Julie Gray: Manga: The Complete Guide
Hervé St-Louis: Outsiders: Five of a Kind Week 4


CR Review: Click


Creators: Sara Ryan, Dylan Meconis
Publishing Information: Coldwater Press, mini-comic, 16 pages, 2007, $2
Ordering Numbers:

I liked Click the best of all the Sara Ryan short-story mini-comics I've read, I think mostly because the situation that presents itself has an emotional rawness and authenticity that works against Ryan's tendency to make her characters into narrative abstracts. Battle and Erin form one of those in-school insta-friendships that pop up every now and then before slipping away. This could be a fade in light of renewed previous relationships, a smashing up against certain ingrained social structures within the setting, or a simple burn-out due to one person misapprehending the interaction's significance. Ryan deftly avoids letting us know exactly what happened, and focuses on Battle's reaction to it.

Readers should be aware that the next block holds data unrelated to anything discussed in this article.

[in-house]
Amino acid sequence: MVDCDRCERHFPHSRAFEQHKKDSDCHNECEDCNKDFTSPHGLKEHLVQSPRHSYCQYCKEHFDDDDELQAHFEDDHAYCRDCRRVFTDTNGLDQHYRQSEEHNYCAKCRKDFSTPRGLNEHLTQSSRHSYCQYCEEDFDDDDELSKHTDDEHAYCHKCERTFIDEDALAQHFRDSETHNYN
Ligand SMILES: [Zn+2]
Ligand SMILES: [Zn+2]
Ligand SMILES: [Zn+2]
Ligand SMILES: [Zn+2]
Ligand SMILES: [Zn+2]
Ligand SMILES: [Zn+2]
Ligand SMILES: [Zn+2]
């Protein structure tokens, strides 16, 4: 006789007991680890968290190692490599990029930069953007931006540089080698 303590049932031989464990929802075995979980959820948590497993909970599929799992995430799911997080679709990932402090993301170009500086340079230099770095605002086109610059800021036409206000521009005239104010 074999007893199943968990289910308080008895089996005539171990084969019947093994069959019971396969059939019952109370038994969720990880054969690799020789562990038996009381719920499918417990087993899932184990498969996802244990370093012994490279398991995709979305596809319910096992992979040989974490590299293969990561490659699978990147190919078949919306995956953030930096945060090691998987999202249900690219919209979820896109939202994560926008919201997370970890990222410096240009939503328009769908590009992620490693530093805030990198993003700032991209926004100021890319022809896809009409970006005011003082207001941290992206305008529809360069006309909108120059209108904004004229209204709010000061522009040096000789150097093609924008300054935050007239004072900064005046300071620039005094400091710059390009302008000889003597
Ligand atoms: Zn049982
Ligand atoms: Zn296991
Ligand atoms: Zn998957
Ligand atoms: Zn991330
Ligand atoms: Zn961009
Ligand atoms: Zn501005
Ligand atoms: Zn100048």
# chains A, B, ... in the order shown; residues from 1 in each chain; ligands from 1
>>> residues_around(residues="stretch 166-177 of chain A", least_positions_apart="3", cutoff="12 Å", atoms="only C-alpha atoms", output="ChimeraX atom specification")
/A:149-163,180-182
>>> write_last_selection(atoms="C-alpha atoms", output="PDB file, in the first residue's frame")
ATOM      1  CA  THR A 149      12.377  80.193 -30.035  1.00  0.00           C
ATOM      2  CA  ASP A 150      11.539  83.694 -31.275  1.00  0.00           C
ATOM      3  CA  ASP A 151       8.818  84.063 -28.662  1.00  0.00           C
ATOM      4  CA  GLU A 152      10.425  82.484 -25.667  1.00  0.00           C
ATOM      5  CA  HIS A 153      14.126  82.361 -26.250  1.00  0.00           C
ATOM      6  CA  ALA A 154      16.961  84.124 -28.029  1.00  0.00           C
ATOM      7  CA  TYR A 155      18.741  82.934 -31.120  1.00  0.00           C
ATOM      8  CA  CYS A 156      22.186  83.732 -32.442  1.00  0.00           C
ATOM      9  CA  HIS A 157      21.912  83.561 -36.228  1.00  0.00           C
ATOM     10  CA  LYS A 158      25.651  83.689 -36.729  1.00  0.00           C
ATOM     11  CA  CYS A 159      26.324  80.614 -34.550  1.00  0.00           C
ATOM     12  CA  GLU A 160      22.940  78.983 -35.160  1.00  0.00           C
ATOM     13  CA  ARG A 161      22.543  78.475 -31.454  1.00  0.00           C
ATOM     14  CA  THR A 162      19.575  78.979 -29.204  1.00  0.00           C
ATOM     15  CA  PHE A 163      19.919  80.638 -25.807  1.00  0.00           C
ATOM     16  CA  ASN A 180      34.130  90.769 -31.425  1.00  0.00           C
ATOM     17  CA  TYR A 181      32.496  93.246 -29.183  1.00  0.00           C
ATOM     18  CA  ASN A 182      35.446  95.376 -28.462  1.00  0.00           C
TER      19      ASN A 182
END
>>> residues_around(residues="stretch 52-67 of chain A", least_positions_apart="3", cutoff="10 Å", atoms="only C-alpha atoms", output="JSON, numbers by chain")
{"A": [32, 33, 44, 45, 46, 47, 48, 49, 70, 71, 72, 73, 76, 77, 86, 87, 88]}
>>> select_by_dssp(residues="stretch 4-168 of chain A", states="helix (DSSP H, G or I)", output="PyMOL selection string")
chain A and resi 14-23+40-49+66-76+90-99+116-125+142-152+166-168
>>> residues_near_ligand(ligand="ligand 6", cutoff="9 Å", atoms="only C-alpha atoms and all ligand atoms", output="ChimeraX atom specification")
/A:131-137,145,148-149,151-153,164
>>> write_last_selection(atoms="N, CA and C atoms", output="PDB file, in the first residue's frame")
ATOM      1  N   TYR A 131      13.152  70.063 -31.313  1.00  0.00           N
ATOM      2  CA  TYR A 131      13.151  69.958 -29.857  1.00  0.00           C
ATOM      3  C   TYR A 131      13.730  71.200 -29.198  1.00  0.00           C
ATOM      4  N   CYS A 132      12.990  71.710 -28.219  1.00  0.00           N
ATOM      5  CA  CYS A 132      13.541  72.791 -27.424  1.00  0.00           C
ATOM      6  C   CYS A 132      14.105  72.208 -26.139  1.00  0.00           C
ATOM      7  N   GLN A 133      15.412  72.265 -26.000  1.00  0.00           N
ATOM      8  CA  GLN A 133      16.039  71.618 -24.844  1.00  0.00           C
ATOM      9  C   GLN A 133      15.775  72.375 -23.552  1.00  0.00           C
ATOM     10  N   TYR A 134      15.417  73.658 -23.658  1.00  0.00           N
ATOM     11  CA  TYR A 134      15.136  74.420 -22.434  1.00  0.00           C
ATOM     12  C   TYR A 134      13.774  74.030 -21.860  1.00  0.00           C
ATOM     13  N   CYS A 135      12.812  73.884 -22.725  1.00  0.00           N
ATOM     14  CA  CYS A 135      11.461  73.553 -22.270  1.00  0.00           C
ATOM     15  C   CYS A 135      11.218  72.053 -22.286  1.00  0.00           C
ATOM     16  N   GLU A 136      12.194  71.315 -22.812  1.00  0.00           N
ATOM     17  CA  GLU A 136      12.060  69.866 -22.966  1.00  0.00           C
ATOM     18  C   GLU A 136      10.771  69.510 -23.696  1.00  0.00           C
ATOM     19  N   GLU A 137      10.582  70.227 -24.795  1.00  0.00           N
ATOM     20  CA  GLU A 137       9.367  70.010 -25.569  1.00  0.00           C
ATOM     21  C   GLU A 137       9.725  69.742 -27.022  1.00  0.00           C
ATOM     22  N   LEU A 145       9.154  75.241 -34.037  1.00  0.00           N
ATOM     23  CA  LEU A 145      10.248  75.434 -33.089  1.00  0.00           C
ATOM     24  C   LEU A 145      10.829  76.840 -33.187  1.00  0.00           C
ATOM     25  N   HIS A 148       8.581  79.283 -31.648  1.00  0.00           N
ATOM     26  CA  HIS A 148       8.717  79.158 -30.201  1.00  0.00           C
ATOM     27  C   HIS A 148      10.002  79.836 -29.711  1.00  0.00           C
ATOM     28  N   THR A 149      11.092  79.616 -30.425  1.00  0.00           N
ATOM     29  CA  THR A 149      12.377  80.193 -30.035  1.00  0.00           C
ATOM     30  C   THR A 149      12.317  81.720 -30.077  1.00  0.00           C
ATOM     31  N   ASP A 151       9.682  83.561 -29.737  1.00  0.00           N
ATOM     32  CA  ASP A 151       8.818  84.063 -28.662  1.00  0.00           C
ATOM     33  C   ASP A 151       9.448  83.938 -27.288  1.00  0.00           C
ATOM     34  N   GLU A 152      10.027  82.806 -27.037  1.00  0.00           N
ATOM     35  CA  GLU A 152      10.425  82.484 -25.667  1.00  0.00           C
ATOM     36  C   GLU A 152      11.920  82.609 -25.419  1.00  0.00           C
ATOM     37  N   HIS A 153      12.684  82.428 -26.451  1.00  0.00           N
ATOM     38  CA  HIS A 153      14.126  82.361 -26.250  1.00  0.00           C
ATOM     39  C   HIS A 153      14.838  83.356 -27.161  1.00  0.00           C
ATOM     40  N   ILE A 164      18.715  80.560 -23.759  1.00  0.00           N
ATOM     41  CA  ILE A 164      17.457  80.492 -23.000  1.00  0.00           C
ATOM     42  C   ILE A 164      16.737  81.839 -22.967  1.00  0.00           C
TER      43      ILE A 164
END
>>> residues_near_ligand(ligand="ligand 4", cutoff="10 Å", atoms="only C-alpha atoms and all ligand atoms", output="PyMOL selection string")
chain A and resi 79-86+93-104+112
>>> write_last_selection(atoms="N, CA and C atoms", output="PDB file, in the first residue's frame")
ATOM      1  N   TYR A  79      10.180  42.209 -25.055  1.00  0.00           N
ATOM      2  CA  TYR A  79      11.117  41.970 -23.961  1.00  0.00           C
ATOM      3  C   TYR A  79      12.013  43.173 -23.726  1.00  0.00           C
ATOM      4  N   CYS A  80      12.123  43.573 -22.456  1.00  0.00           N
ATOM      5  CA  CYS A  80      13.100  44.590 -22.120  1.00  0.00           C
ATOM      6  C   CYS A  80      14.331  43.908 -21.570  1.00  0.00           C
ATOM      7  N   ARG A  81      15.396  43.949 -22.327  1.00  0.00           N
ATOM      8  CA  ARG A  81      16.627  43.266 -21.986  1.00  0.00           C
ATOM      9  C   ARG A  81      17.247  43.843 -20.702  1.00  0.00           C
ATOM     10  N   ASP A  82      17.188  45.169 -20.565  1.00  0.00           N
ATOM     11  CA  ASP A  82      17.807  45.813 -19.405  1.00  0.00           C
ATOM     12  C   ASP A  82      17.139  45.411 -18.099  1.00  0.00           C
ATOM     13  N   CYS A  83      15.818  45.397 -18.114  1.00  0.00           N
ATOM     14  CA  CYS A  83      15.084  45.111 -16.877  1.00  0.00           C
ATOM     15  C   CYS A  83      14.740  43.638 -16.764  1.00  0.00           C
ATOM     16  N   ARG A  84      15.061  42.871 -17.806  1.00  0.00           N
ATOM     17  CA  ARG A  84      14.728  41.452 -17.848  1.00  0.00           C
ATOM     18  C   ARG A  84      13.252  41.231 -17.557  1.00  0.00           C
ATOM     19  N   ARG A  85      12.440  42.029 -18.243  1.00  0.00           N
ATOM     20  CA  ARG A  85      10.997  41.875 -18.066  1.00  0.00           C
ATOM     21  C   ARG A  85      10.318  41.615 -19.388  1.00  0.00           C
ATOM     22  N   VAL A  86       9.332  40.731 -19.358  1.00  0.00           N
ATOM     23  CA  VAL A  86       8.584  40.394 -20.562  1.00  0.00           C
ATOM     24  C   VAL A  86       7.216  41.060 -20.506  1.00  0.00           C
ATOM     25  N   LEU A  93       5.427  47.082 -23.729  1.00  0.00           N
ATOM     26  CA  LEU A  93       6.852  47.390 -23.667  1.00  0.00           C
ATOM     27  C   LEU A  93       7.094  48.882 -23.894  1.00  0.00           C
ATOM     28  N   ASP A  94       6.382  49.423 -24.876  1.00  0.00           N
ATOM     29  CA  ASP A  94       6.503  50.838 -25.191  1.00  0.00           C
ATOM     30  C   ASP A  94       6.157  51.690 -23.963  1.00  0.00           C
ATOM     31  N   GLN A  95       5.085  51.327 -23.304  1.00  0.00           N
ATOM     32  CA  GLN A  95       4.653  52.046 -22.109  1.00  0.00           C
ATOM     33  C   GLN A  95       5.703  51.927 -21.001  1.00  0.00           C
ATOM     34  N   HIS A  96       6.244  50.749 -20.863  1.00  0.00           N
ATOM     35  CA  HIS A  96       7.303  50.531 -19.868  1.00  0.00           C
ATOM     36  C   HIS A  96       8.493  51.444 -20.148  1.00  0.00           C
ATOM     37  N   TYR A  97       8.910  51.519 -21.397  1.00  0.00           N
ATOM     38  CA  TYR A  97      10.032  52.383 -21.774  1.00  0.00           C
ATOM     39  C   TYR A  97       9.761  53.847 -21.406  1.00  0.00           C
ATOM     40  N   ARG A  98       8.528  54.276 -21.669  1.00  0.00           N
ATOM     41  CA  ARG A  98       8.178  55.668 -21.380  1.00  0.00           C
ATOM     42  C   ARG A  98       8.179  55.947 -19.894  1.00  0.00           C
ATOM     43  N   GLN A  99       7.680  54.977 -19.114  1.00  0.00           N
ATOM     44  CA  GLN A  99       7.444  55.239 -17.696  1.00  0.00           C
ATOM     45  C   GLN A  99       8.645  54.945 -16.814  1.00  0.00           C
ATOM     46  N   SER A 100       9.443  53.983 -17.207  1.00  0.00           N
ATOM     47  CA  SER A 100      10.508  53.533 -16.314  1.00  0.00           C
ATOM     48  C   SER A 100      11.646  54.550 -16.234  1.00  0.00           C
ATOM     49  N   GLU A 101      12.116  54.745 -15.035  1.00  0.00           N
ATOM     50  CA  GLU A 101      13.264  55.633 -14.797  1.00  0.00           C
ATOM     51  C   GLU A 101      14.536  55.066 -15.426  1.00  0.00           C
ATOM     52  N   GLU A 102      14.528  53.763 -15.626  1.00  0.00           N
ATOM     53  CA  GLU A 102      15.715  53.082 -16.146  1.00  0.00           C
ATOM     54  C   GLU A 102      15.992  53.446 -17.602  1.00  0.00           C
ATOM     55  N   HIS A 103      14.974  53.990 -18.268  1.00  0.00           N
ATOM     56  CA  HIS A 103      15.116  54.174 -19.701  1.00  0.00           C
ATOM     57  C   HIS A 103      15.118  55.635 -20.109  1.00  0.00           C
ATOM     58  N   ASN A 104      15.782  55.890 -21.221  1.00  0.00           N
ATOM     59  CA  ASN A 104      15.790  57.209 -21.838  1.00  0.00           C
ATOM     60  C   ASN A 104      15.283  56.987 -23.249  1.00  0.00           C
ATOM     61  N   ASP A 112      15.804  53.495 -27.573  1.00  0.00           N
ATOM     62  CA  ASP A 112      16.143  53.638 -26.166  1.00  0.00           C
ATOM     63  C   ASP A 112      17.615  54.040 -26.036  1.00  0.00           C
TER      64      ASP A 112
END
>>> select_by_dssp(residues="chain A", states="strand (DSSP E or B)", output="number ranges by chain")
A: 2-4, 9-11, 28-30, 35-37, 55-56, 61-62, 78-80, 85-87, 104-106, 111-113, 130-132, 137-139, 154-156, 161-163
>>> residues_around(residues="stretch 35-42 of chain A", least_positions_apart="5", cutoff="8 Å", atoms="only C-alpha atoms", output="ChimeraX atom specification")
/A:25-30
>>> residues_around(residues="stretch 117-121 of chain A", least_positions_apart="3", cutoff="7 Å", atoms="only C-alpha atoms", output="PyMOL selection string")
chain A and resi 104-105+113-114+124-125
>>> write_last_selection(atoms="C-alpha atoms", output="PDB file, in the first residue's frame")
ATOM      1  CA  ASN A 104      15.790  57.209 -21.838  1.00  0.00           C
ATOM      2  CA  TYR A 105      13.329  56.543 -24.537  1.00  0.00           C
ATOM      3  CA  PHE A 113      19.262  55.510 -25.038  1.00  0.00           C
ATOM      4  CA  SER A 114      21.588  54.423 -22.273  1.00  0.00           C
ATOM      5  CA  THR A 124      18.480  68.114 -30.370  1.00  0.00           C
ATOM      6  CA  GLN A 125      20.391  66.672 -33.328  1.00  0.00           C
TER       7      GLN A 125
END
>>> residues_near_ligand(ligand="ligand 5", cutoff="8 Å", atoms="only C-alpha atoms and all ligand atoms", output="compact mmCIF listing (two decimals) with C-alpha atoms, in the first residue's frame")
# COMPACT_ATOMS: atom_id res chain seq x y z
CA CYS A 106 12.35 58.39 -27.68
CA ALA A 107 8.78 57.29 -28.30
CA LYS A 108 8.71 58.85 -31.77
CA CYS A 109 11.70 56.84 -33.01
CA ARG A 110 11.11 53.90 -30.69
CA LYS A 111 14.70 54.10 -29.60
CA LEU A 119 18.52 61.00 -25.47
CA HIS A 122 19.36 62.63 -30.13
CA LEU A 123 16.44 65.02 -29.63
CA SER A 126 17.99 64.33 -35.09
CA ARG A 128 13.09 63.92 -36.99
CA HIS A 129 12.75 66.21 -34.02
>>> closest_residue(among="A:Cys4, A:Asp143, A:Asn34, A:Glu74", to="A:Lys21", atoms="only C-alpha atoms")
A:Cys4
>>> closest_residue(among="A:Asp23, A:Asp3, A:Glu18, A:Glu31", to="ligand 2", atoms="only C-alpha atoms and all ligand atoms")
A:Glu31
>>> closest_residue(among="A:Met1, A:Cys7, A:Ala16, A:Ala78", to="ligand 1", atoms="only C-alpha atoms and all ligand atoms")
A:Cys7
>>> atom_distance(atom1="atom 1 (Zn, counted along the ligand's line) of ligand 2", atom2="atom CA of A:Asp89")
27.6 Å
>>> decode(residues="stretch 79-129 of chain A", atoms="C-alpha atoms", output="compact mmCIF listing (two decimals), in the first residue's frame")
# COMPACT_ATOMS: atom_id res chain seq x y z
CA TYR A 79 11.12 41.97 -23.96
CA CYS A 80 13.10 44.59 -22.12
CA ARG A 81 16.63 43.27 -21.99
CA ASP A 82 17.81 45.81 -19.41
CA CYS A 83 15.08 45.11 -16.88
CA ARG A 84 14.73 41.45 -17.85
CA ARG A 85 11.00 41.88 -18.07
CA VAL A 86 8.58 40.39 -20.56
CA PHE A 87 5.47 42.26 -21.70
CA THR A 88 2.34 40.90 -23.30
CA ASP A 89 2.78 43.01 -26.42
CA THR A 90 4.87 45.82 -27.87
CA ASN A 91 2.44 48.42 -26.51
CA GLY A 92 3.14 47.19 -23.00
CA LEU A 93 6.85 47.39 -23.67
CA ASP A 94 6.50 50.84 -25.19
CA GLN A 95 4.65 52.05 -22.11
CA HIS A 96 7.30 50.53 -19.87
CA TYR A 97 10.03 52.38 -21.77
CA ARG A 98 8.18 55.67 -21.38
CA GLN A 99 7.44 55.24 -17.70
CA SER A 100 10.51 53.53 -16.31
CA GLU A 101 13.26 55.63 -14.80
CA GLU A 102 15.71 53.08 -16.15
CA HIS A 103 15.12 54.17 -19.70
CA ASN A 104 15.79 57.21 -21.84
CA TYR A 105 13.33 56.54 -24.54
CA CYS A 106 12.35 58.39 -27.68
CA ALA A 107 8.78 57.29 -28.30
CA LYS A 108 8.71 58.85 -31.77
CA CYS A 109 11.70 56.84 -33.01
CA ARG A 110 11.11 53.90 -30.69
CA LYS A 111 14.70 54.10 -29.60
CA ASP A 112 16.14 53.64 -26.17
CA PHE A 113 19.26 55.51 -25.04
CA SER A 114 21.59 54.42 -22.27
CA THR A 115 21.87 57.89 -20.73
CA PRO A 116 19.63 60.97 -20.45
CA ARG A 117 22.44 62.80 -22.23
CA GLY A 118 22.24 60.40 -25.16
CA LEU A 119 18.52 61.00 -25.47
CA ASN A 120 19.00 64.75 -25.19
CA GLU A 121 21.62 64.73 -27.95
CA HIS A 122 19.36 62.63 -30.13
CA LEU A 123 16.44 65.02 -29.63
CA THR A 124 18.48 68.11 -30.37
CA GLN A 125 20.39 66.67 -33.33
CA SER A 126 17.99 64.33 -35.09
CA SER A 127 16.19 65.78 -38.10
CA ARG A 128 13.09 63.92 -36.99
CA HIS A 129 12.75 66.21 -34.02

Even if we've never been treated exactly the same way, the loss of a friend that probably wasn't a friend to begin with is one of those great specific universals to which everyone can relate in great detail, even if just second hand. To dig in after that formulation requires a fine observational eye. Although her characters still seem like types at several moments rather than individuals that might exist outside of the comic -- nothing either main character does proves surprising, or seems quirkily idiosyncratic, or speaks to a wider set of concerns outside the story's selected ones -- the general dismay Battle feels isn't forced, and the character's inability to force things into a conclusion all play to Ryan's credit. Meconis' art is clear and her setting expressive; I can imagine her working in comics' current publishing landscape for decades to come. I did have a difficult time placing the characters' ages, and figuring out the setting, but I think that was largely a function of the writing.